After Australia captain Steve Smith admitted to ball-tampering, adding that Cameron Bancroft did this through a plan drafted by the "leadership group", former South Africa cricketer Fanie de Villiers claimed that their cheating act in Cape Town in the third Test isn't a first-time offense. (Also Read: Ball-tampering row: Smith set to be stripped of captaincy, Lehmann to resign as coach)
According to the reports published in South African media, de Villiers, who was doing commentary during the match, was suspicious of something wrong as the Smith-led side was managing to produce an unusual reverse swing in unfavourable conditions throughout the South Africa Tour. (Also Read: What is Ball Tampering and How It is Done)
In an attempt to catch them in red-handed, de Villiers asked the camera persons present at the stadium to keep an eye out on the Australian fielders.
"It’s impossible for the ball to get altered like that on cricket wickets where we knew there was grass on, not a Pakistani wicket where there’s cracks every centimetre. We’re talking about a grass-covered wicket where you have to do something else to alter the shape, the roughness of the ball on the one side. You have to get the one side wetter, heavier than the other side," de Villiers told RSN Radio.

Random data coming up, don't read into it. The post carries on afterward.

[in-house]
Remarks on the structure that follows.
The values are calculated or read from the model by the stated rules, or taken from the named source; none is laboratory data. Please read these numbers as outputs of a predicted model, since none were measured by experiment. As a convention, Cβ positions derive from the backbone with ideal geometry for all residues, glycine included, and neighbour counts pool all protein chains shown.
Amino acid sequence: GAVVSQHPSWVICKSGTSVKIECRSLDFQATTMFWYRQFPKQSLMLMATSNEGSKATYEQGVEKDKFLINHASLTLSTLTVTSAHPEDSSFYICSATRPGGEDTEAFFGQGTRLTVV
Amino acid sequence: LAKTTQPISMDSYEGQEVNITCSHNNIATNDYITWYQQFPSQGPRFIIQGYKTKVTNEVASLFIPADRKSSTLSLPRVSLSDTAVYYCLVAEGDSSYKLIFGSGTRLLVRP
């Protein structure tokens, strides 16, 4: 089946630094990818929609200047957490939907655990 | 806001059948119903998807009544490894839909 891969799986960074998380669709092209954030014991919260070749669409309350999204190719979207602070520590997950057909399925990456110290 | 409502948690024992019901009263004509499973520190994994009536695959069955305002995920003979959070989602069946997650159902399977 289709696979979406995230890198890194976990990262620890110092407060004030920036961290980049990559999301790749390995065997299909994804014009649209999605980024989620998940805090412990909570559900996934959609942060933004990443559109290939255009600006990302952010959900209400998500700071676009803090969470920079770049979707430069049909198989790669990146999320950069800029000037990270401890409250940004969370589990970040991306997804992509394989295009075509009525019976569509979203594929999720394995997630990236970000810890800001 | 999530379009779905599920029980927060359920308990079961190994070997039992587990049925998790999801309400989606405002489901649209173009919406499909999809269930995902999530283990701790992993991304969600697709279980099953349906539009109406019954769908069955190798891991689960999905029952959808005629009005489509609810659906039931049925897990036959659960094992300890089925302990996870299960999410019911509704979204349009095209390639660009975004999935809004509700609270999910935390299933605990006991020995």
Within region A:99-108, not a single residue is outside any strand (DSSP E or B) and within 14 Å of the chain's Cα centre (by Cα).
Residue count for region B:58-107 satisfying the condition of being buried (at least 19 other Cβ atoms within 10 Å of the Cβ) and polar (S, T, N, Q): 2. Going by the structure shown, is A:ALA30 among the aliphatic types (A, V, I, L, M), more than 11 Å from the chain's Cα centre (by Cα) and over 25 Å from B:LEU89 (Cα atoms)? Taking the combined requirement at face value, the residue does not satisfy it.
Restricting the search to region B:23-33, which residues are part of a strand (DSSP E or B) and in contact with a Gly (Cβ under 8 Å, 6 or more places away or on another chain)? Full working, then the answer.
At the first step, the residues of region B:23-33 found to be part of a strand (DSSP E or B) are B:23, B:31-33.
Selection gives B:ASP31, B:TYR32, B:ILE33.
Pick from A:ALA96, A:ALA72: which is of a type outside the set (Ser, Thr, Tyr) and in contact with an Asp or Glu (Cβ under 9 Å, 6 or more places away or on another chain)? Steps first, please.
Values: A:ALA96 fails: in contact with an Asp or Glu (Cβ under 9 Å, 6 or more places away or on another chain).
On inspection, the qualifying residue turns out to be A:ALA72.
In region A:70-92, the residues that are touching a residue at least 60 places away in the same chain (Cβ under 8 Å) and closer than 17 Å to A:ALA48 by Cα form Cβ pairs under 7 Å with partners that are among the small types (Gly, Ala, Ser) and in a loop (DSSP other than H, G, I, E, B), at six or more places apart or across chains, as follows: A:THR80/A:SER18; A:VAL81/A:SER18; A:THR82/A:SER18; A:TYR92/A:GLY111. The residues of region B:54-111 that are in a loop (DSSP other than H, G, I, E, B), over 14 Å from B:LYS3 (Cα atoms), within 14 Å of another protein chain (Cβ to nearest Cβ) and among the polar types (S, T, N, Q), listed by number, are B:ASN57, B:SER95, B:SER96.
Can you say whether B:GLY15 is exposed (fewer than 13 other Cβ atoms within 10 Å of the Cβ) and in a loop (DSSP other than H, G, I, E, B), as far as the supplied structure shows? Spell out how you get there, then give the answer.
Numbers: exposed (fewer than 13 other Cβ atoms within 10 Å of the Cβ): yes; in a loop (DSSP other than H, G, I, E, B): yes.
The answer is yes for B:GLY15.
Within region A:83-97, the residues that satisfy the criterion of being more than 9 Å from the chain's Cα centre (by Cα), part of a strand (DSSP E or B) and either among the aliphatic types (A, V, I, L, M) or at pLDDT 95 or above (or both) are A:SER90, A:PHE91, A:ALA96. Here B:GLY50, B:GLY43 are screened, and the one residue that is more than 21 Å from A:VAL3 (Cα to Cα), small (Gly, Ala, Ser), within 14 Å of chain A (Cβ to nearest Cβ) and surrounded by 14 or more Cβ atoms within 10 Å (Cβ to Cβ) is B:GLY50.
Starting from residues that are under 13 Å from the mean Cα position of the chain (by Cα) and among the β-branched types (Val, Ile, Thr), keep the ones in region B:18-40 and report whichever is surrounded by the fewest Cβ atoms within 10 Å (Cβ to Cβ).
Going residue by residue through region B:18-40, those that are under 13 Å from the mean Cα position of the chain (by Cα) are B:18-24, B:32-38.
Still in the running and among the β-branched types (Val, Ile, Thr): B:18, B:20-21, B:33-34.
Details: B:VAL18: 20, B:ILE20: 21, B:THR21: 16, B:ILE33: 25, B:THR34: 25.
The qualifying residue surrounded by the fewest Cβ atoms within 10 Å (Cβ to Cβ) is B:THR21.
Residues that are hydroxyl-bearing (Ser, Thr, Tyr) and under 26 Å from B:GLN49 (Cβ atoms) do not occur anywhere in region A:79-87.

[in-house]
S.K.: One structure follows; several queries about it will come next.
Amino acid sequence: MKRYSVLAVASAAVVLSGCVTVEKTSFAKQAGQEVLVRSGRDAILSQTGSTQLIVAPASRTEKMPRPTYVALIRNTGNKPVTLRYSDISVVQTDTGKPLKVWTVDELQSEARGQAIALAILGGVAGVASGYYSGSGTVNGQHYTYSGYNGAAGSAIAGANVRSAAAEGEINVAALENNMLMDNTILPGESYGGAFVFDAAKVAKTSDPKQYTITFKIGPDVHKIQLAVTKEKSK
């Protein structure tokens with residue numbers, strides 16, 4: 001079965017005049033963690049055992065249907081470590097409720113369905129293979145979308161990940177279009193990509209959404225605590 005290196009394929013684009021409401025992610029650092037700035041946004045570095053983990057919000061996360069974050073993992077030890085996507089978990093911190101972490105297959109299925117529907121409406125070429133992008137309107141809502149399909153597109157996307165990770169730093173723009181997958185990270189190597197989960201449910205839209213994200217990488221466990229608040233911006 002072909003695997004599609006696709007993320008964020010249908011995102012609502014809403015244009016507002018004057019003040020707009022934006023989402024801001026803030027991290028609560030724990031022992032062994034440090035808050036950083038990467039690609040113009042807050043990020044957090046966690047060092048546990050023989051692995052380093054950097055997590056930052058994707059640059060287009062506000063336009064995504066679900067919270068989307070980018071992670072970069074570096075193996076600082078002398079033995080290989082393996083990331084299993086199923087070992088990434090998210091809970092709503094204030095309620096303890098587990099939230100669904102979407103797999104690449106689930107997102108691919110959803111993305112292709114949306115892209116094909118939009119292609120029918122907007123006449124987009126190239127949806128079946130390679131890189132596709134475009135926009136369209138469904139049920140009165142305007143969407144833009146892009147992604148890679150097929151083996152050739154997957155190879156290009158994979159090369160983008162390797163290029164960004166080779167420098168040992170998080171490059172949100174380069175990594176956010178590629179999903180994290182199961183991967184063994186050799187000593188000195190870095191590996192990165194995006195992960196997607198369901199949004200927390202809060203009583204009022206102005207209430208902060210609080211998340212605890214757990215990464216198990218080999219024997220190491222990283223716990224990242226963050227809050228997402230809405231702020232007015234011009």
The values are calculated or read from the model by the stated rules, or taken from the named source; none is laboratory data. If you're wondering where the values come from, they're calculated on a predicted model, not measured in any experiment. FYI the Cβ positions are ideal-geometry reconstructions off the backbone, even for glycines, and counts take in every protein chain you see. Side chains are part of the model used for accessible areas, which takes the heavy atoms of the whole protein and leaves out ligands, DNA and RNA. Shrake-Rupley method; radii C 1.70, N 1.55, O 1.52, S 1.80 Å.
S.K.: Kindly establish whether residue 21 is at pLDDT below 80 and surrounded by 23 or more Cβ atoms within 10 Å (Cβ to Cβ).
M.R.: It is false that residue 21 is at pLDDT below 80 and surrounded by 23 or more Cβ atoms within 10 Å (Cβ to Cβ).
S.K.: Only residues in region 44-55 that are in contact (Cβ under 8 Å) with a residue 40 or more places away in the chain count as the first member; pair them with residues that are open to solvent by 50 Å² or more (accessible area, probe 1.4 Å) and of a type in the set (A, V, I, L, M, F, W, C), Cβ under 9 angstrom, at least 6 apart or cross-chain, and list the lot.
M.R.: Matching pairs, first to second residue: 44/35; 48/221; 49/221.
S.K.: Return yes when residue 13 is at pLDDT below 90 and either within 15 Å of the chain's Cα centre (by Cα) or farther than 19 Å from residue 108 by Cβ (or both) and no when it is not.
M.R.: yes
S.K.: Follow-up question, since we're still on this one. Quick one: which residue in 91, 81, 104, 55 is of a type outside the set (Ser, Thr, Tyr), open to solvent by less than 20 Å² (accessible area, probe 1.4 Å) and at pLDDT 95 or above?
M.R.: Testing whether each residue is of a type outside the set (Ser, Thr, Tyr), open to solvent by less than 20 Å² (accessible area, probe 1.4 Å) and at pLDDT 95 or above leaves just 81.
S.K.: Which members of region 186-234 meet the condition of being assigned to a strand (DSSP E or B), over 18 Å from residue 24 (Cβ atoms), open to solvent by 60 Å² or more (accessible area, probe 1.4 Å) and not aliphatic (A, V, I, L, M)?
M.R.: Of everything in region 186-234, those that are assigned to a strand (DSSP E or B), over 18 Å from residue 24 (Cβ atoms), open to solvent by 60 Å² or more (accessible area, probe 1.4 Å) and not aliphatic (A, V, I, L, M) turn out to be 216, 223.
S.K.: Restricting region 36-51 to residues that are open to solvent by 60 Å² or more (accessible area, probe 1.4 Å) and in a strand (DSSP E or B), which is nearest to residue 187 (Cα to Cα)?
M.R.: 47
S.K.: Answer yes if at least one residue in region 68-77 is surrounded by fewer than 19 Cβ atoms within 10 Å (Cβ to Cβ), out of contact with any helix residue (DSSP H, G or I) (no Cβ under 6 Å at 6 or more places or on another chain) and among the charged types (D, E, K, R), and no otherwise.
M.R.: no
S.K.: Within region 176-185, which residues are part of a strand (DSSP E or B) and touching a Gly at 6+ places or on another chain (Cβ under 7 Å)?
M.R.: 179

"Australian teams getting reverse swing before the 30th over ... they had to do something. If you use cricket ball and scratch it against a normal iron or steel gate or anything, anything steel on it, it reverse swings immediately. That’s the kind of extra alteration you need to do."
"I said earlier on, that if they could get reverse swing in the 26th, 27th, 28th over then they’re doing something different from what everyone else does," the 53-year-old added.
De Villiers, who played 18 Tests and 83 ODIs for South Africa, revealed that he tipped off the camera crew at Newlands to keep an eye out once Australia begun to get some unusual reverse swing.
“We actually said to our cameramen ... go out (and) have a look boys. They’re using something. They searched for an hour and a half until they saw something and then they started following (Cameron) Bancroft and they actually caught him out at the end.
Australia skipper Smith has come under fire after admitting to ball-tampering, revealing the leadership group planned it during the third Test against South Africa in Cape Town. It was Australian opener Cameron Bancroft, who landed in troubled waters on Saturday after he was caught on camera hiding a yellow sandpaper, which he used to tamper the ball on Day 3 of the third Test.
Cricket Australia took no extra time in announcing that the board would investigate the ball-tampering scandal. Observing all this, the Australian government asked the board to relieve Smith of his role as captain. Australian Prime Minister Malcolm Turnbull felt that the person who leads the men that wear the baggy green should be responsible for his actions, which is 'shocking'. (Read full story)